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Scrambling the Equations: Potential Trends in Networking

February 12, 2002

I believe that changes in digital networking over the next few years will be more radical than a simple, linear evolution, but less radical than a paradigm shift. The basic variables we've been trained to manipulate--the issues of security, bandwidth, availability, and so on--will stay the same, which is why there won't be a paradigm shift for a while. However, the weights we've been assigning to these variables are about to change. We'll have to throw out our current equations and rearrange the variables into new ones.

The peer-to-peer movement confirms my evaluation. A year ago, a lot of people thought peer-to-peer was new. But anyone who seriously and rigorously investigated the issues it raised--such as the security, bandwidth, and availability I just mentioned--found that these issues have been around for along time. The cutting-edge research used by P2P technologies for advanced areas like pseudonymity and distributed-identification systems was going on years before the term "P2P" was invented.

I recently had a chance to consider some potential trends in networking while attending a workshop called Collaborative Computing in Higher Education: Peer-to-Peer and Beyond, where I delivered the keynote speech. While most of the suggestions in this article are my own, I'll mention insights that I gleaned from various speeches. I have also put up a short Weblog about the conference, and the text of my keynote speech.

Note that the following are only potential trends. While I think it would be logical for them to emerge, and sometimes desirable, I have scant confidence in my role as prophet. Interventions by any number of powerful actors could shove events in a different direction.

A New Generation of Networked Filesystems

Most people thought of Napster, Freenet, and Gnutella as just systems for swapping files. But they herald a new approach to distributed filesystems whose commercial applications are already appearing. Over the next few years, you could well find your company migrating away from familiar, distributed filesystems like NSF or Microsoft domains and toward a new generation that is far superior in robustness and flexibility.

The advances found in the new, networked filesystems include:

  • Use of previously wasted space on organizations' PCs instead of a central server.

  • Encryption, which permits files to be stored on arbitrary computers without danger of snooping or tampering. As a side benefit, encryption supports sophisticated access controls.

  • Replication, because people turn off their PCs. Replication also promotes locality of access.

  • Breaking up files, so that multiple pieces can be downloaded simultaneously for faster access.

  • Indexing and naming that are divorced from location.

Certainly, there are advantages to the current systems. Byte for byte, central storage is cheaper. For small documents, at least, retrieval will be faster without the rigmarole of indexing. The newer systems will be appropriate for large organizations and those with worldwide operations. The latter type of organization benefits from locality of access and makes better use of replication because "the sun never sets" on such organizations. (Somebody's PC will always be turned on.)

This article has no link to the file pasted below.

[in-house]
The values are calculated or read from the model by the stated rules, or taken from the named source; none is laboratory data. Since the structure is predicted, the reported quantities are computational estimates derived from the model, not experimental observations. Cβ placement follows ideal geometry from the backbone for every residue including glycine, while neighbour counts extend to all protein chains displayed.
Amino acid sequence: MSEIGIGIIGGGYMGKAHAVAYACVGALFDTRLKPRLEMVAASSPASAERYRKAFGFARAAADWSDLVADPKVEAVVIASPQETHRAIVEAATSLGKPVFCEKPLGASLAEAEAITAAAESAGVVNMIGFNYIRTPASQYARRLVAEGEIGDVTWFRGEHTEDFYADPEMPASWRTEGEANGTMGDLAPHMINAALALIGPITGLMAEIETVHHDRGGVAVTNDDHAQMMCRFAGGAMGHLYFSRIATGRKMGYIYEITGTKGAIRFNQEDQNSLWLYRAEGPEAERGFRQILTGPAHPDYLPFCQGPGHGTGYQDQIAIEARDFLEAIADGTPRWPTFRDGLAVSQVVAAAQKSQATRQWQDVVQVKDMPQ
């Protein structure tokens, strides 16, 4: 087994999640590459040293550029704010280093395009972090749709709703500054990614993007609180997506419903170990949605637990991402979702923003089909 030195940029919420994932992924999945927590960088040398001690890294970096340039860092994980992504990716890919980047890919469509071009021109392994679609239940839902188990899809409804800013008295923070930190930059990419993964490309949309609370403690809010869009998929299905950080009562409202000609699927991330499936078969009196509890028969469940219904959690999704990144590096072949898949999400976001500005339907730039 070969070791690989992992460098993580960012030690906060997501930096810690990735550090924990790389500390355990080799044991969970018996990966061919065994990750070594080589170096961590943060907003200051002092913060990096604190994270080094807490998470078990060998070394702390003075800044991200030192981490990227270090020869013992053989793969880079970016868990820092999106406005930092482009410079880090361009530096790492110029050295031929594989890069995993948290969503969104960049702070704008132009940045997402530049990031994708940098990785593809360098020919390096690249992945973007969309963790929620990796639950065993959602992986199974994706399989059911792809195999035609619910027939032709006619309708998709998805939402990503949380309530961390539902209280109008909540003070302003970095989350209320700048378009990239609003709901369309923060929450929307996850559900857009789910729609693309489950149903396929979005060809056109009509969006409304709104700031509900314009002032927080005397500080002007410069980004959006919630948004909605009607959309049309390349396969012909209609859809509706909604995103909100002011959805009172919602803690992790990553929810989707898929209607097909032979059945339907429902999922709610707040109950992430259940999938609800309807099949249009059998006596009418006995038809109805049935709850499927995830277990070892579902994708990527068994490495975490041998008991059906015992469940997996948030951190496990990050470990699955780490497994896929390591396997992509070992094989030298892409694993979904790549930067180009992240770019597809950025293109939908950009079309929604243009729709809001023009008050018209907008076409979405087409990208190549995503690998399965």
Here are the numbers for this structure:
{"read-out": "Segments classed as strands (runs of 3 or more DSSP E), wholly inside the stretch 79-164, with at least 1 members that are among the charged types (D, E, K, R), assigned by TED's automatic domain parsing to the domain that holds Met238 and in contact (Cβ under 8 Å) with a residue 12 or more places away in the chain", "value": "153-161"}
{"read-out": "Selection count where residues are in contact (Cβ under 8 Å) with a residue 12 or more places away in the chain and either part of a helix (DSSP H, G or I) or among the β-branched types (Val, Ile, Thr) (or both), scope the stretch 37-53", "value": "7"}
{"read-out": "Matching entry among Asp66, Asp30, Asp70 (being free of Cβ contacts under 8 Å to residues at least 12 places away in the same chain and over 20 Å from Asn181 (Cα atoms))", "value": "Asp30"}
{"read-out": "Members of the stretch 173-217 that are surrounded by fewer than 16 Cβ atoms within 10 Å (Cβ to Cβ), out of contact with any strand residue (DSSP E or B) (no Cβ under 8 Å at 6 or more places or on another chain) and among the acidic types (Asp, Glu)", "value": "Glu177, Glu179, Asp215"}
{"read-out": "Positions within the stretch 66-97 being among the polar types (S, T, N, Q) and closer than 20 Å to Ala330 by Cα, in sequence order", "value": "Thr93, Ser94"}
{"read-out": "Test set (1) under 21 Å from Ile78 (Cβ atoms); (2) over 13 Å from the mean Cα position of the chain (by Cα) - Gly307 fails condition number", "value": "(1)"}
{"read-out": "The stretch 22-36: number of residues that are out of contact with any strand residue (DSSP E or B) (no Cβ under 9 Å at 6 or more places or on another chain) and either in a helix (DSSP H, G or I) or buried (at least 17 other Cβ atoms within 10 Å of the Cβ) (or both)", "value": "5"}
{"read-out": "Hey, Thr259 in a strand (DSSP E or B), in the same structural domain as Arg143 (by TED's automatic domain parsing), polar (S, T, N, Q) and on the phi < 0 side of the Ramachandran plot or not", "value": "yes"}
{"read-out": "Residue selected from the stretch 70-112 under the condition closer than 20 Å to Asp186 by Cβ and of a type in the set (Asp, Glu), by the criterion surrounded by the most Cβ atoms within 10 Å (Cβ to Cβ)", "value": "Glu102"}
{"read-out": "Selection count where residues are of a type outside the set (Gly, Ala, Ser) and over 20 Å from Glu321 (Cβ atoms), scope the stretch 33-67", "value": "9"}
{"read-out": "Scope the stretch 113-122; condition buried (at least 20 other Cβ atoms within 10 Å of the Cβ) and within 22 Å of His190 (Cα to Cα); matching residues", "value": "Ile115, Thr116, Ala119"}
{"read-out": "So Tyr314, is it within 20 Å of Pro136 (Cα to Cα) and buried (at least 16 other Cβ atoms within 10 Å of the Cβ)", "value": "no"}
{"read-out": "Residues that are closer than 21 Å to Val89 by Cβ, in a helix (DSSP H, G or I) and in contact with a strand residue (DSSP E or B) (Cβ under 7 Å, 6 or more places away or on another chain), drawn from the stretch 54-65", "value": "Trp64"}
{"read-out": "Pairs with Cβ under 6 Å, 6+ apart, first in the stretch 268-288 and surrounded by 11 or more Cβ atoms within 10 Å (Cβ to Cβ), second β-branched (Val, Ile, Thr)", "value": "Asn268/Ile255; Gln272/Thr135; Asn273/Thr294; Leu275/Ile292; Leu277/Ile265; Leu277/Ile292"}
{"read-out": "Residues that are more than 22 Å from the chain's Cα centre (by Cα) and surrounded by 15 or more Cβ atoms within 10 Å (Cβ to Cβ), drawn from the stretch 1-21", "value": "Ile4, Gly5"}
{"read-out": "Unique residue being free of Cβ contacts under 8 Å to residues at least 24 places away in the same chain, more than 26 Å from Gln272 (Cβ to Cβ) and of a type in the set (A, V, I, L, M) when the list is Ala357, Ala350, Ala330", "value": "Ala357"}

Devices will Support Scripting

Current predictions about computing include expectations that people will attach devices to their appliances, their clothing, and even (God forbid) their skin. At the peer-to-peer workshop, Intel scientist David Barkai showed an interesting figure positing an "extended Internet" of the future that contains millions of standard computers, hundreds of millions of devices, and billions of sensors.

If devices and sensors are to be widely useful, people will need fine control. Few will be satisfied with a device that provides only a manufacturer's rigid notion of what's appropriate.

Thus, the explosion of devices will also spur a renaissance of scripting languages. Enthusiasts will either port existing languages to the devices (a task that can be made easier by running a standard operating system on the devices) or--if Perl seems a bit bloated for a thermometer--new languages will be developed.

Security Will Focus on the Individual System More Than the Network

Though peer-to-peer systems have not led to security breaches yet (I'm not counting the kinds of Trojan horses that can be downloaded in P2P executables, as with any other program), they legitimately raise concerns. If we are granting more importance to the individual end user, it is natural to harden that end user's computer. Furthermore, the trend toward collaboration involves people in many different groups on different networks, the kind of environment for which Groove, for instance, was designed.

You may work more closely with a fellow professional at one of your suppliers, vendors, or at a company within your industry than with your own accounting department. You may even trust this external collaborator more than your own accounting department. (I don't mean to unfairly pick on accountants here; most are scrupulously honest.) Meanwhile, two speakers at the peer-to-peer conference (David Nicol and David Barkai) mentioned internal fraud as a primary source of security hazards. A firewall can't protect you against crooked coworkers.

Thus, modern business will move toward setting up small spaces for people who really need to know particular things. Firewalls will still be important for standard spoofing attacks, but they won't be as central to security plans as before.

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